We purchased a dryer vent termination product similar to the ones you describe and examined it carefully as we plan to install it on a Minnesota home where frequent checking of the dryer vent termination outside is inconvenient. The model we examined (not one of those you list) does not call itself a lint trap and it does not appear to trap any lint whatsoever. It's chief advantage is that it blows all dryer exhaust, including lint, into the outdoor air.
Other models such as the Fantech
Dryer Booster Lint Trap - Fantech Model DBLT 4 and the Lint Trap by Direct Fans include a removable lint screen that can indeed clog with lint and add restriction to the dryer exhaust air flow - something that the manufacturers do not recommend.
Quoting from the US CPSC:
The U.S. Consumer Product Safety Commission estimates that in 1998, clothes dryers were associated with 15,600 fires, which resulted in 20 deaths and 370 injuries. Fires can occur when lint builds up in the dryer or in the exhaust duct. Lint can block the flow of air, cause excessive heat build-up, and result in a fire in some dryers. 
I would stick with the clothes dryer manufacturer's recommendations including their recommendation for metal transition ductwork, cleaning the lint screen at every dryer use cycle, and any prohibition about secondary lint filters.
Your own clothes dryer installation has the significant advantage of a very short run from the dryer to the outside of your home. If you select an outside dryer termination and animal/insect screen that does not trap lint (does not include a lint filter screen) and that opens and closes reliably operated by the dryer vent airflow, that device should be not only in compliance with the manufacturer's recommendations (as it does not include a lint trap screen), it is also (in our OPINION) safer than a vent termination insect or animal screen that becomes clogged with lint.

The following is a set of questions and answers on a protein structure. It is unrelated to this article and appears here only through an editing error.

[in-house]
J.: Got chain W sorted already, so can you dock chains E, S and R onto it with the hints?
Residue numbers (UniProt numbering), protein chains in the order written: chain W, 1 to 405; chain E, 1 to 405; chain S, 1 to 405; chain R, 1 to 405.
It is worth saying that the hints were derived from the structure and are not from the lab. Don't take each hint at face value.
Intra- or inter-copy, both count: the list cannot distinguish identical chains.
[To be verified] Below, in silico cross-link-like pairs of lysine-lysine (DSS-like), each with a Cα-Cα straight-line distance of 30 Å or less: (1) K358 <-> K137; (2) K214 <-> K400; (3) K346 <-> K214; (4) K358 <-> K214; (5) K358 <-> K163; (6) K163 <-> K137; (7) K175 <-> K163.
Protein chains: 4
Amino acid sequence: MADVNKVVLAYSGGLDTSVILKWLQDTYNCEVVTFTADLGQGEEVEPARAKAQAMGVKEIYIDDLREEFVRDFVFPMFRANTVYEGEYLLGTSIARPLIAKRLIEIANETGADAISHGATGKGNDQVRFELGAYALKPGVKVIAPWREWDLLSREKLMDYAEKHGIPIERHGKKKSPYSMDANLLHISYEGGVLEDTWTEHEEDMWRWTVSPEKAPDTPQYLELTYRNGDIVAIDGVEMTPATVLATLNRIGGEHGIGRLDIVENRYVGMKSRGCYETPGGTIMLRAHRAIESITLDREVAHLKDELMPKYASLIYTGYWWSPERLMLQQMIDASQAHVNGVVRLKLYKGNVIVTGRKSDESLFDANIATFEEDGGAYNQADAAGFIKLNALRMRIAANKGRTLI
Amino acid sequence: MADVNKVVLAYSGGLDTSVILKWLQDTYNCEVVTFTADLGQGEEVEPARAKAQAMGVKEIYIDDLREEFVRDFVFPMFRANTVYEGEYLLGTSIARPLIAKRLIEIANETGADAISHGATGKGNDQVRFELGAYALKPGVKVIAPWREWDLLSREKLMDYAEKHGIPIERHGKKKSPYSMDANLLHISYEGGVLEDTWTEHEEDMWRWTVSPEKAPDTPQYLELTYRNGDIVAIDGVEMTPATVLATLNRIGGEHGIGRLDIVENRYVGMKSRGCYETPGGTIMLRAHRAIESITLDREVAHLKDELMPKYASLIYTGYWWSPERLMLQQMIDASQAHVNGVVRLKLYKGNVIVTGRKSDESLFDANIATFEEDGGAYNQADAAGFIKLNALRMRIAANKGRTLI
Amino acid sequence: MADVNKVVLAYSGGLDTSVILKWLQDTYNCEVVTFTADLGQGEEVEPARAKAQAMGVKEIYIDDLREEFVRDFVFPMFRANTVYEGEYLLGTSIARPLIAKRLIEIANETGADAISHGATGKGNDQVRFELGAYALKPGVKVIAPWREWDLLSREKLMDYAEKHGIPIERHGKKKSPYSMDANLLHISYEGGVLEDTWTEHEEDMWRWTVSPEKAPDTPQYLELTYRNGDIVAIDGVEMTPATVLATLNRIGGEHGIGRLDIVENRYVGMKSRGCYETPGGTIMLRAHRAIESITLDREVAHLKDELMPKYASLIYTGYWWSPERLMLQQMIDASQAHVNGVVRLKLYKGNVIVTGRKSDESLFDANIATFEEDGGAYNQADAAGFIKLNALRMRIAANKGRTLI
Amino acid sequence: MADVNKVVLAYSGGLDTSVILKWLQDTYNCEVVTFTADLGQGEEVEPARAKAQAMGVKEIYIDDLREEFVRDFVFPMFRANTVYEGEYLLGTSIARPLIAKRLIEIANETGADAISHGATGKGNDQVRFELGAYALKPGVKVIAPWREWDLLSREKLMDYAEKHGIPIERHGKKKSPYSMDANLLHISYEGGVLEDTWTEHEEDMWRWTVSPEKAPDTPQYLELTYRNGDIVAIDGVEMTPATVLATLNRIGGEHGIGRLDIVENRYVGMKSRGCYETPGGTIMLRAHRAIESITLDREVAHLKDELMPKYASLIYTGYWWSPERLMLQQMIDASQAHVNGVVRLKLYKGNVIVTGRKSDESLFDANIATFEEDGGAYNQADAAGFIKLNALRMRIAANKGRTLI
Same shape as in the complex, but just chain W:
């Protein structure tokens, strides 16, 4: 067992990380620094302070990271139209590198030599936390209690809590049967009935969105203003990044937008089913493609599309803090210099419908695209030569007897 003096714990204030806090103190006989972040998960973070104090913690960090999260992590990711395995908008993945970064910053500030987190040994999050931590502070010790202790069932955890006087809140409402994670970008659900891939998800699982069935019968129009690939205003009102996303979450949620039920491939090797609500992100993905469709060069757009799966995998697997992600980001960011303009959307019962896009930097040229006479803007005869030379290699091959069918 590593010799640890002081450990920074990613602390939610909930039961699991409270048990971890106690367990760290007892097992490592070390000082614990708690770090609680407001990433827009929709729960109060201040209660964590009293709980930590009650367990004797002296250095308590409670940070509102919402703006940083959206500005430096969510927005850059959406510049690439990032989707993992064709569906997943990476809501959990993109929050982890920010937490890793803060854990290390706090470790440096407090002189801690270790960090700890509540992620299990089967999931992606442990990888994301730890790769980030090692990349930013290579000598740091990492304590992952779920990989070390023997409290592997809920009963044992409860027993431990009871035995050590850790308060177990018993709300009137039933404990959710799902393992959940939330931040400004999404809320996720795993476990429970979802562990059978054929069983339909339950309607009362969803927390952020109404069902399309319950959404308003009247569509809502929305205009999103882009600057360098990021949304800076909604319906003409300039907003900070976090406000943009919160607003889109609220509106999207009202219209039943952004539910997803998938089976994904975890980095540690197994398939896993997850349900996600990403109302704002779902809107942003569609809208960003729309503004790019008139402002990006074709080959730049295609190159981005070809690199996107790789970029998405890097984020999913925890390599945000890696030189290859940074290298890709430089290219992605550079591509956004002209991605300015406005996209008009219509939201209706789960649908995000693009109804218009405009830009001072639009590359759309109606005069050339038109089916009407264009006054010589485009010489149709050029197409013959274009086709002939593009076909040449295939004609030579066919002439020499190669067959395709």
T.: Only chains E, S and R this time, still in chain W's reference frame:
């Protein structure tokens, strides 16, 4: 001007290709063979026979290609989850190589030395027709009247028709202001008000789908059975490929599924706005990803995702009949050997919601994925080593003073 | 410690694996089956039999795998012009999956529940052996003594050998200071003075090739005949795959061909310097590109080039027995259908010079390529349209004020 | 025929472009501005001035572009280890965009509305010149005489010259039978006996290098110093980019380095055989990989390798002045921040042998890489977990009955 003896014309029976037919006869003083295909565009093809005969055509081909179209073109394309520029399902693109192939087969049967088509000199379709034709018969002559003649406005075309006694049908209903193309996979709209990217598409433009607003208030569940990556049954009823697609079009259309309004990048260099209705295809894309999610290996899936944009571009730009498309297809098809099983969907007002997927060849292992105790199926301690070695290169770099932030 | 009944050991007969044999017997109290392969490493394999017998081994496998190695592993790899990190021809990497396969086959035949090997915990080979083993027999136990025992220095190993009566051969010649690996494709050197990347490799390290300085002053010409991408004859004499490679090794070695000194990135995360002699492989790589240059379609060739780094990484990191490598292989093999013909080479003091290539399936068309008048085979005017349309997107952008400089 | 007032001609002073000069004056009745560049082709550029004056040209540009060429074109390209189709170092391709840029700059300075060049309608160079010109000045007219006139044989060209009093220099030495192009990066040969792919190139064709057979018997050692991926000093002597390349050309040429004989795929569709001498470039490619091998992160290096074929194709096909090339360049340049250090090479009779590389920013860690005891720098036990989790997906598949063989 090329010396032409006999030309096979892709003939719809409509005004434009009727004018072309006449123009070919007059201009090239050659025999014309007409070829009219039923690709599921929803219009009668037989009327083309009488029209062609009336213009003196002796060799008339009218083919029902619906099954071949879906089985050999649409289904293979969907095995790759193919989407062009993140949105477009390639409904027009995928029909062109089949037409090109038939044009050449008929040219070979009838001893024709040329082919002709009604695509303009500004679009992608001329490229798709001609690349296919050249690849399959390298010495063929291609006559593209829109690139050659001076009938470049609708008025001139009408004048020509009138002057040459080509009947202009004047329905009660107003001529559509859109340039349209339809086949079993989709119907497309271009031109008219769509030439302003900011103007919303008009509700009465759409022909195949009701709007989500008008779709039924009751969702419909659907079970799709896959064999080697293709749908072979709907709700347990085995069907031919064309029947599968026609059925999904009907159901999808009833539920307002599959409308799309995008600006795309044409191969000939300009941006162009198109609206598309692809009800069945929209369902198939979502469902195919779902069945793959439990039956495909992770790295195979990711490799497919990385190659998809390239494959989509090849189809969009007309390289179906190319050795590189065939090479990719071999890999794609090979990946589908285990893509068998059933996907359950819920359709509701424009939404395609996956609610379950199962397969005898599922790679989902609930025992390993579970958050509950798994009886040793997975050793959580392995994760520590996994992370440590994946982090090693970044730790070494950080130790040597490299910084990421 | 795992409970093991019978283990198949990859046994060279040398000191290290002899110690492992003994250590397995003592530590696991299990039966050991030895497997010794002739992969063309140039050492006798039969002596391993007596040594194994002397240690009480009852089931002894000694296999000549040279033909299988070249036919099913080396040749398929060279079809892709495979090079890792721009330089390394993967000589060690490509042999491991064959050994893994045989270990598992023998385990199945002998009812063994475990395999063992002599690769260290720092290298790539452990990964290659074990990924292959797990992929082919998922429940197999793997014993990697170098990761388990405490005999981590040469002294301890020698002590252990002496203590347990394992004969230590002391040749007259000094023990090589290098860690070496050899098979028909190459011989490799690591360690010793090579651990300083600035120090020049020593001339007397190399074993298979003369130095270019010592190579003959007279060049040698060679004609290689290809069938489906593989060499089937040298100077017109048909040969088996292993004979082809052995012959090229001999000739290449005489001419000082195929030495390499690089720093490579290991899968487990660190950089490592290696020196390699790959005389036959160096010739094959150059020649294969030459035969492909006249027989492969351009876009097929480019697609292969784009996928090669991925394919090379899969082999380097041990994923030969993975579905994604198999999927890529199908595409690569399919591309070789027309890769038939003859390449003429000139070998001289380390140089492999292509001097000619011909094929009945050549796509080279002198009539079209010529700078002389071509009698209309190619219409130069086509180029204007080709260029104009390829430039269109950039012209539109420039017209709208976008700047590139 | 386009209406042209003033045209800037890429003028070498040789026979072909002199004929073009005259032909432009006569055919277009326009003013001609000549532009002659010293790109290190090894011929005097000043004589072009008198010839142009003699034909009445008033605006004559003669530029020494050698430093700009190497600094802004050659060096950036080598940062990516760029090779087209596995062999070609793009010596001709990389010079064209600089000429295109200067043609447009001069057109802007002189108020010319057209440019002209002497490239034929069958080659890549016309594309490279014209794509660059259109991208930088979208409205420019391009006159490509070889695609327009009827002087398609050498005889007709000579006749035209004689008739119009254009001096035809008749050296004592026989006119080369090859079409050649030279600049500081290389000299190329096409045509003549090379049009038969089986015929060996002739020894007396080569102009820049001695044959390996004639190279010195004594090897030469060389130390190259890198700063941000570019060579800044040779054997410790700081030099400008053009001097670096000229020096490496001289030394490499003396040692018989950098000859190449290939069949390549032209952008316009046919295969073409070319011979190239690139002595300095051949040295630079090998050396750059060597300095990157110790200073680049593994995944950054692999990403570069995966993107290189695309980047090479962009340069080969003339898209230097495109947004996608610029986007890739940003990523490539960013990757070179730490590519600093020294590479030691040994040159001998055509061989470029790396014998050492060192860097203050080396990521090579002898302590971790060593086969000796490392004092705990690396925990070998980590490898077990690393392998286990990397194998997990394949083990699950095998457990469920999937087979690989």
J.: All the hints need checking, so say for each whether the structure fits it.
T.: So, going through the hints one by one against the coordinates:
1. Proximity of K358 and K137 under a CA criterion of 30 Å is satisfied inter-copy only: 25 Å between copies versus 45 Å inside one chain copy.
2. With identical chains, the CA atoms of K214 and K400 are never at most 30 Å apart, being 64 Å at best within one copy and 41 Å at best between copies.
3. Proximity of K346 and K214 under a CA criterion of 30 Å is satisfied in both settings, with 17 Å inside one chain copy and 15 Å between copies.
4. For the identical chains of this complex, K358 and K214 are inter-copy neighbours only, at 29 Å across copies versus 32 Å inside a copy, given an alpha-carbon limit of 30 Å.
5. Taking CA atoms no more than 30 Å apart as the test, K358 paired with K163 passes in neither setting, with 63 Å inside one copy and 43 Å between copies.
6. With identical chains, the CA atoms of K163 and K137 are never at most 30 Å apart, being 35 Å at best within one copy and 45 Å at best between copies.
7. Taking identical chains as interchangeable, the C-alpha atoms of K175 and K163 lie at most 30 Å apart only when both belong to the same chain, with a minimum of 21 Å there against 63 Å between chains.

Follow-Up: what about unsafe blocking of combustion gases from blocked clothes dryer vents
One point, I noticed that in addressing my question about a secondary filter you didn't respond to the point about the possible dangers of blocking combustion gasses inside the house.
Reply: More on CO Carbon monoxide hazards and fire hazards from clothes dryers - carbon monoxide hazards from gas fired clothes dryer
Beth you raise a good safety point that a blocked clothes dryer vent may not only be a fire hazard but might also result in dangerous venting of combustion gases into the building. In particular, if combustion air inflow is blocked because of blocked combustion gas exhaust, the result from a gas fired appliance is likely to be the dangerous production of carbon monoxide.
We have seen that placing a smoke detector or a CO (carbon monoxide) detector too close to a clothes dryer can give off false alarms from at least some detector units, probably because of moist lint and debris becoming airborne. In our OPINION, for safety it makes sense to include a CO detector at a suitable location (not so close as to give false alarms but close enough to protect the building occupants).
It was interesting to note, when reading the clothes dryer fire research articles (cited below) that while some clothes dryers include as a safety feature devices that detect lint blockage, exhaust blockage, and excessive temperatures, those devices have been excluded from clothes dryer safety standards.    
We have found references to indoor air quality hazards from un-vented clothes dryers, specifically citing "Produces excessive moisture and dust. Moisture encourages biological pollutants." It is interesting that those authors did not include carbon monoxide from un vented clothes dryers (gas fired) even though in the same article they do cite un-vented gas ranges and ovens as "A source of carbon monoxide and combustion by-products. "
It would be plausible to argue that a vented gas fired clothes dryer whose vent becomes blocked is therefore both a fire hazard and a carbon monoxide hazard. 
Questions & Answers on bathroom vent fan and fan ducting installation procedures, codes, standards.
Use the "Click to Show or Hide FAQs" link just above to see recently-posted questions, comments, replies, try the search box just below, or if you prefer, post a question or comment in the Comments box below and we will respond promptly.